A district court may reconsider an order under either Federal Rule of Civil Procedure 59 (e) (motion to alter or amend a judgment) or Rule 60(b)(relief from judgment). Under the local rules, a party that files a motion for reconsideration of an order must set forth the material facts and circumstances surrounding the motion, including any new or different facts and circumstances that are claimed to exist which did not exist, or were not shown, upon such prior application. L. Civ. R. 7.1.i. Motions for reconsideration offer an "extraordinary remedy, to be used sparingly in the interests of finality and conservation of judicial resources." Carroll v. Nakatani, 342 F.3d 934, 945 (9th Cir.2003). Reconsideration is appropriate if the district court (1) is presented with newly discovered evidence, (2) committed clear error or the initial decision was manifestly unjust, or (3) if there is an intervening change in controlling law. Sch. Dist. No. 1J, Multnomah Cnty., Or. v. ACandS, Inc., 5 F.3d 1255, 1263 (9th Cir. 1993).

Plaintiff first argues that the Court wrongfully dismissed Officer Millet because she assisted with his arrest. Plaintiff attaches to his declaration a statement by Officer Hernandez that indicates he assisted Officer Millet in the execution of the arrest warrant for Steven Kassab. ECF No. 182, Exhibit 2. The statement further details a planning meeting between Officer Millet and Officers Hernandez and Skinner prior to the operation taking place which lead to Plaintiff's arrest. Defendants object to the submission of the statement as inadmissible evidence that has never been brought forth before the Court. Defendants further contend that the statement does not show that Officer Millet participated in the arrest of Mr. Kassab. Defendants remind the Court that the Ninth Circuit's ruling affirmed the Courts summary judgment on all counts with the exception of one excessive force claim by Officers Hernandez and Skinner and, as such, Officer Millet was properly dismissed.

The Court will not rely on evidence that could have been made available to the Court prior to the order granting summary judgment, which the Ninth Circuit affirmed on all but one count. Although Plaintiff brings this motion for reconsideration of the order dismissing defendants and limiting the issues at trial, it appears that Plaintiff is also attempting to re-litigate the previous order granting summary judgment. For example, Plaintiff states that he has the right to show that Officer Millet is personally liable under 42 U.S. C section 1983. ECF No. 182 at 6. However, the allegations of a violation of 42 U.S.C. section 1983 were dismissed by the Court and the Ninth Circuit affirmed that ruling. If the proffered evidence was available before disposition of the motion for summary judgment, then as a matter of law the movant is not entitled to reconsideration based upon that evidence. All Hawaii Tours, Corp. v. Polynesian Cultural Ctr., 116 F.R.D. 645, 649 (D. Haw. 1987) rev'd, 855 F.2d 860 (9th Cir. 1988)(citing Trentacosta v. Frontier Pac. Aircraft Industries, 813 F.2d 1553, 1557--58 n. 4 (9th Cir.1987); Frederick S. Wyle P.C. v. Texaco, Inc., 764 F.2d 604, 609 (9th Cir.1985)). Here, Plaintiff failed to demonstrate that the evidence could not have been obtained before the Court ruled on defendant's motion for summary judgment. The Court now refuses to consider the evidence after the Ninth Circuit has ruled upon the appeal of the order granting summary judgment. The Court further refuses to review new evidence upon reconsideration of a completely separate order seeking to implement the Ninth Circuit's decision.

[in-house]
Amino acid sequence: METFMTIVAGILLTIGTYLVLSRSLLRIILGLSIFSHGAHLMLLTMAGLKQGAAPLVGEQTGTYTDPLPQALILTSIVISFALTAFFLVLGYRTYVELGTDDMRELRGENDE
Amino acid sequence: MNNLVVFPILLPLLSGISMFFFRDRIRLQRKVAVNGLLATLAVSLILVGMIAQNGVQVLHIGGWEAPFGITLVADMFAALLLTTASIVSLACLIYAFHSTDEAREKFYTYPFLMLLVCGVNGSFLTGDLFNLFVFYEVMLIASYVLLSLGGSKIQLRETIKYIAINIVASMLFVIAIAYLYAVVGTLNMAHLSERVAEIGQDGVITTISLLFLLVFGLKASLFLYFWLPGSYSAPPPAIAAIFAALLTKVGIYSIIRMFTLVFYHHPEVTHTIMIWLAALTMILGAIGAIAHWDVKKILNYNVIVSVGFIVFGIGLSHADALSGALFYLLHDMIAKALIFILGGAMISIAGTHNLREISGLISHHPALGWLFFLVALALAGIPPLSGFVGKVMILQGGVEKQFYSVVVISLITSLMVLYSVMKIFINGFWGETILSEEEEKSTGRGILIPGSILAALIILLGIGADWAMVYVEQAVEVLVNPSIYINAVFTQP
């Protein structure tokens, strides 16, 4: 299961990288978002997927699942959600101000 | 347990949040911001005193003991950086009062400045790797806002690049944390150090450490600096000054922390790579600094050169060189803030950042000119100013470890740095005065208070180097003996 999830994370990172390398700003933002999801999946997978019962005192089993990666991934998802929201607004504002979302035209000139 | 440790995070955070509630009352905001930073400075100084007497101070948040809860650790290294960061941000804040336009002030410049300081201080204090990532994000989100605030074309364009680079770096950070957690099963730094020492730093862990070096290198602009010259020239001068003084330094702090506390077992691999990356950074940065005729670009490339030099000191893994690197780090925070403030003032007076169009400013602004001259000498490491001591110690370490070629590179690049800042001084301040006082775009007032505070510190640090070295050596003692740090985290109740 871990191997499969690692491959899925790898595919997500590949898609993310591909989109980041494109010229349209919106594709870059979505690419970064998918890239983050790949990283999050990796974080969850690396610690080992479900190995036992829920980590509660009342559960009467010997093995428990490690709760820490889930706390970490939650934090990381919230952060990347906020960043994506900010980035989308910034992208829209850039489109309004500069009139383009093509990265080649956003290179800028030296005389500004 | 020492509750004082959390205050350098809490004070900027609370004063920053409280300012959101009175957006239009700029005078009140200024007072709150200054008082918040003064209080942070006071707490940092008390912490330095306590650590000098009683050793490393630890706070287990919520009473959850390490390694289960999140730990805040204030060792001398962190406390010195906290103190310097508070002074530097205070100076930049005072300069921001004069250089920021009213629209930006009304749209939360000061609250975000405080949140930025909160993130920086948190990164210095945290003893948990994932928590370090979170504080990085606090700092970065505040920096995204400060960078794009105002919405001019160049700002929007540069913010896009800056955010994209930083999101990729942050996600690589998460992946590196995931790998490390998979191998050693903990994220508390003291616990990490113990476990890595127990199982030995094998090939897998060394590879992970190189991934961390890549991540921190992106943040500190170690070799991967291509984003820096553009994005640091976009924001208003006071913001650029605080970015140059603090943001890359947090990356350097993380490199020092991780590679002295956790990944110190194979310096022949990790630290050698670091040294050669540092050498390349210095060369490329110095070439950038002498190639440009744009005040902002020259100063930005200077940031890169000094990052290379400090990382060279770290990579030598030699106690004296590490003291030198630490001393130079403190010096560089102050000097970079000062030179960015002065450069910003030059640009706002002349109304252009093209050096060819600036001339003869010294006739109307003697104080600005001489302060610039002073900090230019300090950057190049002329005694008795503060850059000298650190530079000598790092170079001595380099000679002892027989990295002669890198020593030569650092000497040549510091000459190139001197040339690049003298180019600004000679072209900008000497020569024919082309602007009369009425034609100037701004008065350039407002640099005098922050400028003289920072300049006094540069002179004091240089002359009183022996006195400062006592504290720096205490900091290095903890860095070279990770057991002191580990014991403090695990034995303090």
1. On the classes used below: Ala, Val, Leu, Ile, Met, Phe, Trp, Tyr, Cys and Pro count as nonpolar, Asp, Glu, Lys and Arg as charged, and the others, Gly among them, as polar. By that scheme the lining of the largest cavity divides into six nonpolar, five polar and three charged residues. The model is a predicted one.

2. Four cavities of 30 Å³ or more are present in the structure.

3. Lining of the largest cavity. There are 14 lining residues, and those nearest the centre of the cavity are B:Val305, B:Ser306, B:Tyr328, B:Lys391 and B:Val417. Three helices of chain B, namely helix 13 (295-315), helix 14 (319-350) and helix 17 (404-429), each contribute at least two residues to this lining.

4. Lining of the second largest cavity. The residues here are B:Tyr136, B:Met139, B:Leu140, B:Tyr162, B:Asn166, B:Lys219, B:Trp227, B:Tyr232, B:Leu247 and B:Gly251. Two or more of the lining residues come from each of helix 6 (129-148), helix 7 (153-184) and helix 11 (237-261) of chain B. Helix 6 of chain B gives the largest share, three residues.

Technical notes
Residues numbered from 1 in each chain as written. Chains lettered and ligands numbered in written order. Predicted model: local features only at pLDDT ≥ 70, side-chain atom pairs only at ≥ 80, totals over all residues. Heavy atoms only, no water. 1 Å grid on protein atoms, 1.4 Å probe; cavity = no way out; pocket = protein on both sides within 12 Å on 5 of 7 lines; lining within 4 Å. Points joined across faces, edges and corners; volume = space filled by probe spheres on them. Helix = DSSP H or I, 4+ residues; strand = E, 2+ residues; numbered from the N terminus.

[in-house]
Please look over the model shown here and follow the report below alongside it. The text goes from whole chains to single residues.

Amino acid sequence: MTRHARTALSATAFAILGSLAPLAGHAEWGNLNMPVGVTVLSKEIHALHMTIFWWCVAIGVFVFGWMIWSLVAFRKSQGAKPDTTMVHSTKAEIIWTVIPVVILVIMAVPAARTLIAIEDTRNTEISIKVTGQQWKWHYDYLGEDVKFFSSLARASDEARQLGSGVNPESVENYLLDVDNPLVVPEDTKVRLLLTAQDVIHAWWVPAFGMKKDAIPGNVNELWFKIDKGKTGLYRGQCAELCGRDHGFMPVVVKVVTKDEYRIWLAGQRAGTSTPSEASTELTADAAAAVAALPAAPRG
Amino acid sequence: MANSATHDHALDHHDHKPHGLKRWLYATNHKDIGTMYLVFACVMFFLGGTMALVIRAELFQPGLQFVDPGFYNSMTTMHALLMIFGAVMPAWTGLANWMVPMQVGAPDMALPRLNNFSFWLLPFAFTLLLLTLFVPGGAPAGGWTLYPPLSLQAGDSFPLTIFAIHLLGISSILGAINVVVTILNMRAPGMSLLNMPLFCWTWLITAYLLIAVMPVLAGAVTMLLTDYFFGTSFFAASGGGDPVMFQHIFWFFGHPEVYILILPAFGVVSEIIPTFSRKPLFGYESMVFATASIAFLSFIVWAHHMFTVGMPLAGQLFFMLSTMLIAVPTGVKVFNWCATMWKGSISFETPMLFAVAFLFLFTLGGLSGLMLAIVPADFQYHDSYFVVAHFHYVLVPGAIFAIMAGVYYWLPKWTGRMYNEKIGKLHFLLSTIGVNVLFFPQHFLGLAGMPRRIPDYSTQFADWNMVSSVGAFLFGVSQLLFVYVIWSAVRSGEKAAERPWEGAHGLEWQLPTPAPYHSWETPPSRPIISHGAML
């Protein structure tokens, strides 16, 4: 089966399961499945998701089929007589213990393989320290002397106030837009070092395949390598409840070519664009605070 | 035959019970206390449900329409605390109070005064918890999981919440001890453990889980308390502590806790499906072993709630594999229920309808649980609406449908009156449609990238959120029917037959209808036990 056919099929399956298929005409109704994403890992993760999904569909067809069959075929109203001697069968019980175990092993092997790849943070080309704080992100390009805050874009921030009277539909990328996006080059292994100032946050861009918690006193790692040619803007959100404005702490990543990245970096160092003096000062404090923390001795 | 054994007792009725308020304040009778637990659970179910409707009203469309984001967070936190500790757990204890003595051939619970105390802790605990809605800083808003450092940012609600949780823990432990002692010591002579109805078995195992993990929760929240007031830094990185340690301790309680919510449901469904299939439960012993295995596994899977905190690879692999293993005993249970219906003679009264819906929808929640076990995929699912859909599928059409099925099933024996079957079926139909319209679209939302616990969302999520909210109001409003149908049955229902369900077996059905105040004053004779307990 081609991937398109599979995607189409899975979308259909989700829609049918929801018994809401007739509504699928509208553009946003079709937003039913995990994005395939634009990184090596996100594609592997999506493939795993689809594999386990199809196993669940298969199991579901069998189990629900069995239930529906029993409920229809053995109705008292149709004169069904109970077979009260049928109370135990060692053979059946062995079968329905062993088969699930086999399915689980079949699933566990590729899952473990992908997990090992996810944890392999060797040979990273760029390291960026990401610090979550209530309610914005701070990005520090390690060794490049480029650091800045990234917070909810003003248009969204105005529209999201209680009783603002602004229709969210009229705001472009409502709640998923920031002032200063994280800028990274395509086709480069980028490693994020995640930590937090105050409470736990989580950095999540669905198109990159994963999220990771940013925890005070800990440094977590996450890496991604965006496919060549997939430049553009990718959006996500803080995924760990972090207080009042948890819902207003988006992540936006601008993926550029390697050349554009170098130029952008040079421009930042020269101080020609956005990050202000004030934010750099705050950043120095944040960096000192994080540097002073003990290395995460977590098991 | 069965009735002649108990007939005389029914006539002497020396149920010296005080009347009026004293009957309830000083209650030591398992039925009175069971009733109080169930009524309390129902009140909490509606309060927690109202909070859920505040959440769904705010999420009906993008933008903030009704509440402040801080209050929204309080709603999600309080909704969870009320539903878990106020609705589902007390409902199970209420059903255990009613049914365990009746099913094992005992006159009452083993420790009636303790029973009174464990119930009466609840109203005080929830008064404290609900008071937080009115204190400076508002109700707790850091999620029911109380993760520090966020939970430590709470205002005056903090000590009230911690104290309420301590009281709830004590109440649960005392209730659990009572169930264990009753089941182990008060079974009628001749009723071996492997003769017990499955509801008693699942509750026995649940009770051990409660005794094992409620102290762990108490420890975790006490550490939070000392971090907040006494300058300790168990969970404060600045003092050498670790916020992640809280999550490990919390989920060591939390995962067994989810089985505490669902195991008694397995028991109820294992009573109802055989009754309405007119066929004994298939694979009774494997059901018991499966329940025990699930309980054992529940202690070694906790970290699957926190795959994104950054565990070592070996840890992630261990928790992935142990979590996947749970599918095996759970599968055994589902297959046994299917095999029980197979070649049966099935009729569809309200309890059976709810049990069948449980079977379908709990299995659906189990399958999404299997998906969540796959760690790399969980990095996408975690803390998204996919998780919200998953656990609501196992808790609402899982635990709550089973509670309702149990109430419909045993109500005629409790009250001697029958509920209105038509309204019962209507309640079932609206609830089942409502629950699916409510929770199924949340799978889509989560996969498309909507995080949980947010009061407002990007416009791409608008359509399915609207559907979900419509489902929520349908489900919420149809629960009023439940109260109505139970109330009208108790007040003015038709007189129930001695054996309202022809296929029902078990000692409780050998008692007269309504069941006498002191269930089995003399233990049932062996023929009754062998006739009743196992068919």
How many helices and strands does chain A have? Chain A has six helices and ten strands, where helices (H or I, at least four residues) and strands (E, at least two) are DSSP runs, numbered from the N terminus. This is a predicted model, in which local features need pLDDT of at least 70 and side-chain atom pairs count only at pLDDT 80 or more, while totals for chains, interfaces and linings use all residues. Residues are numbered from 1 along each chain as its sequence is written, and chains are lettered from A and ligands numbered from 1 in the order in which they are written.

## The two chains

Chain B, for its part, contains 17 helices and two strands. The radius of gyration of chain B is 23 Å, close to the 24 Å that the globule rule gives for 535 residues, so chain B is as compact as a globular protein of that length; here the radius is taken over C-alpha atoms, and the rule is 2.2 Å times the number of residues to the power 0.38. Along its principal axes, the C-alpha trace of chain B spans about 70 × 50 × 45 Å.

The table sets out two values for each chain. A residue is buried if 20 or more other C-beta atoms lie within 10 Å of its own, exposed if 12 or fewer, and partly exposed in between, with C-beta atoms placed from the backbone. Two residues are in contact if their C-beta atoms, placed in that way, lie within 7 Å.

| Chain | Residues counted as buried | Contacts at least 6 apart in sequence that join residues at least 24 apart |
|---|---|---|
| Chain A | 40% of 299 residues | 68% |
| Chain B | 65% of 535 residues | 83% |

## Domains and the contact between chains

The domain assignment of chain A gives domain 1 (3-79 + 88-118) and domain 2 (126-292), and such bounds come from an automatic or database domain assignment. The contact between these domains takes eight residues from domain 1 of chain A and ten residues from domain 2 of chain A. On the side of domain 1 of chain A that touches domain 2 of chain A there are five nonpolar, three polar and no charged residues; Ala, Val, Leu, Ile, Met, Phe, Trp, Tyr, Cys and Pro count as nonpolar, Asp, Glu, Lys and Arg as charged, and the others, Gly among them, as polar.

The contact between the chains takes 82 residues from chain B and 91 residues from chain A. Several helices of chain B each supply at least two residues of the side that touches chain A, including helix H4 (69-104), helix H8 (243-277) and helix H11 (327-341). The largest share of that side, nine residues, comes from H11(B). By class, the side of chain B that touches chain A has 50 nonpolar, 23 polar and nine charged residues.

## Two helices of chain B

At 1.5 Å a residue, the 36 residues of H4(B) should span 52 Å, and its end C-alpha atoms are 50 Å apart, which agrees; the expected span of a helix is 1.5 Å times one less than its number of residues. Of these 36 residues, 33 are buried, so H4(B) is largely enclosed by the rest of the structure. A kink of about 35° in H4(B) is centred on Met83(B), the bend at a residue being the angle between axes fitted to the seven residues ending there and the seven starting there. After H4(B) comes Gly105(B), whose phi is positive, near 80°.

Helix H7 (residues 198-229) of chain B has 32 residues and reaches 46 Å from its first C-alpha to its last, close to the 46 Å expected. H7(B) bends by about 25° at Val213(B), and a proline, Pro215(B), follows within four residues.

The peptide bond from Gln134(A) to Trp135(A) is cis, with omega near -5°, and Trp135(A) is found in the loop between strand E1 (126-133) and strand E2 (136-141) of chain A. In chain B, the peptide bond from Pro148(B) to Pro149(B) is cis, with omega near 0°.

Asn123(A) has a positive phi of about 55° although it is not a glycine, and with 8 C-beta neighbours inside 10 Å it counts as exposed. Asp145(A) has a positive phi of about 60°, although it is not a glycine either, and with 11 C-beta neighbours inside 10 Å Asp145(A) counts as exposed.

Plaintiff's argument that the Court improperly dismissed the City of San Diego also fails for similar reasons. Plaintiff again asserts 42 U.S.C. section 1983 claims against the City of San Diego, an issue that was dismissed by the Court and affirmed by the Ninth Circuit. ECF NO. 182 at 7. The Ninth Circuit found that Mr. Kassab "failed to create a triable dispute as to whether the exposure to excessive heat was the product of a city custom or practice or a failure to train." Kassab, 453 F. App'x 747. As the Ninth Circuit affirmed dismissal of this claim, and as Plaintiff has not stated any other reason to support his argument, the Court refuses to reconsider its decision dismissing the City of San Diego as a defendant.

Plaintiff has not brought forth any other assertions that the Court has committed clear error, that the decision was manifestly unjust or that there was an intervening change in controlling law. For these reasons, the Court stands by its January 11, 2013 order dismissing all defendants except San Diego Police Officers Hernandez and Skinner, and limiting the issue to be tried to the one excessive force claim. ECF No. 181.

CONCLUSION

IT IS HEREBY ORDERED that Plaintiff's motion for reconsideration is DENIED.

20130417